And then I wake up new again, in my little place near the beach. I wake up and make coffee and have a sensible breakfast, and I take my two arms and two legs on down the avenue in the thick and forbidding heat of the day. I clear the dunes and lay out a towel and once again make my way back out past the shorebreak and into the water. I float on my back with my eyes closed, and I wait for the wave that I know is coming and the shark that I know is circling.

But, again, this is just me. Your experience of being alive and on the internet in 2017 may be different.

If you are old enough, or just old, you remember not only a world without the internet but also one in which the internet was new and larkish and seemingly half-empty. There were things on it, but there seemed to be a great and silent distance between them. As a teenager, my internet was a long expanse of wild flatland, illuminated here and there by little outposts occupied and decorated in idiosyncratic ways by the odd pioneers who had, for whatever reason, lit out for these particular weird territories. So you would travel through the long interstices and knock on a door and find yourself someplace that would offer you some anonymous 13-year-old kid’s home-brewed appreciation of Boston Red Sox first baseman Mo Vaughn, say, or a single photo of Melrose Place starlet Josie Bissett that took forever to load, or the skeletal prehistoric version of the Internet Movie Database.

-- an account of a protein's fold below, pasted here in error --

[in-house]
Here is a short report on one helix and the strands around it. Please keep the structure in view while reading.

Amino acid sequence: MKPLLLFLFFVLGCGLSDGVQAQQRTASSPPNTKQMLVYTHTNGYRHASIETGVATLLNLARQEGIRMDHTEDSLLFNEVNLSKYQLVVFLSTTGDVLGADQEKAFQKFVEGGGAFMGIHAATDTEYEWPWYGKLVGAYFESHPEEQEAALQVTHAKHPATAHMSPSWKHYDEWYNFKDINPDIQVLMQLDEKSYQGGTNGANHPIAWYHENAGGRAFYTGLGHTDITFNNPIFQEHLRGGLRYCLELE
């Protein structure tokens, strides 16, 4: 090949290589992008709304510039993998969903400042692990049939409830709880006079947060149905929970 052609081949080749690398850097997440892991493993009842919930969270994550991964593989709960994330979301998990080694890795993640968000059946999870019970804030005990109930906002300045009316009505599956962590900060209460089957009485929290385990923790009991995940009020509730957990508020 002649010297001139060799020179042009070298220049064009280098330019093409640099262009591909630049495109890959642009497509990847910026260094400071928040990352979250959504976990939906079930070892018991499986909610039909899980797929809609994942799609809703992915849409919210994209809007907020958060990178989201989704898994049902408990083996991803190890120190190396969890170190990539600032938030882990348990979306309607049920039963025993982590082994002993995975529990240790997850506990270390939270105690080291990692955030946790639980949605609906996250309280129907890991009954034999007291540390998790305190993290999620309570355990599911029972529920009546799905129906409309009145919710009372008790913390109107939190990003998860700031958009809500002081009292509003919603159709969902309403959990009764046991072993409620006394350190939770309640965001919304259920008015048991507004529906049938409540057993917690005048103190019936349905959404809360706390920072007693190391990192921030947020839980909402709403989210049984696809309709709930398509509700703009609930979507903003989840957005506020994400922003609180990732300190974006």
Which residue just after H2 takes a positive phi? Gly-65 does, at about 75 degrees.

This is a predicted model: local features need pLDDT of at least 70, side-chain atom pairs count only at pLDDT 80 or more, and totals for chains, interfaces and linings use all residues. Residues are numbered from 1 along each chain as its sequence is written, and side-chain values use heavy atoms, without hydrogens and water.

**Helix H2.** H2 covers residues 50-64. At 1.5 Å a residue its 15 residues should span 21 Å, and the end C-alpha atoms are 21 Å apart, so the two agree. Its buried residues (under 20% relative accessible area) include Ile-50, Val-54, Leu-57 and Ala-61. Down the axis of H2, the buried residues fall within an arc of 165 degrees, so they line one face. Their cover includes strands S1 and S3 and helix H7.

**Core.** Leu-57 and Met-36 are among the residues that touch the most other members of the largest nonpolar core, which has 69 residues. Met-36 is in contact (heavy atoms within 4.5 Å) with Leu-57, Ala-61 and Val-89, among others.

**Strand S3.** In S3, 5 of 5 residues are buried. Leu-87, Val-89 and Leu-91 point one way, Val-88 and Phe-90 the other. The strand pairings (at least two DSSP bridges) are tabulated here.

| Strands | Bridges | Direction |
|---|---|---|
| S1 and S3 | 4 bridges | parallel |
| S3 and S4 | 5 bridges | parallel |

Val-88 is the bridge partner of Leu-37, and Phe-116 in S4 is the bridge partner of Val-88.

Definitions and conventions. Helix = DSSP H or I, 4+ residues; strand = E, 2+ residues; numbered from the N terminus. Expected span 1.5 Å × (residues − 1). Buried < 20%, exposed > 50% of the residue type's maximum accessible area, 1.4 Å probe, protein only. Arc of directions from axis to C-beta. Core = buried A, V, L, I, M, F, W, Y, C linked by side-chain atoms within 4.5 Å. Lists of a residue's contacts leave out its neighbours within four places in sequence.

Or you’d find something else, maybe something more like what you might have been looking for and less like what I was looking for. There was a decent chance you wouldn’t find it at all. The internet was still in the process of becoming itself, and as such was raggedy and goofy and oddly charming for all that. Because it was still something of an unsecured construction site, it was penetrable in a way that almost invited vandalism. There were so many surfaces to deface, and there was, to all appearances, no one on duty keeping an eye on things. My imagination topped out at graffiti, more or less, and so a friend and I added each other’s names to the casts of various B-movies on the Internet Movie Database. It was easy, and when it was done I’d call to let him know that he’d been added to the cast of an obscure Yaphet Kotto movie, in the role of “Sgt. Homestyle.” He stayed there for weeks.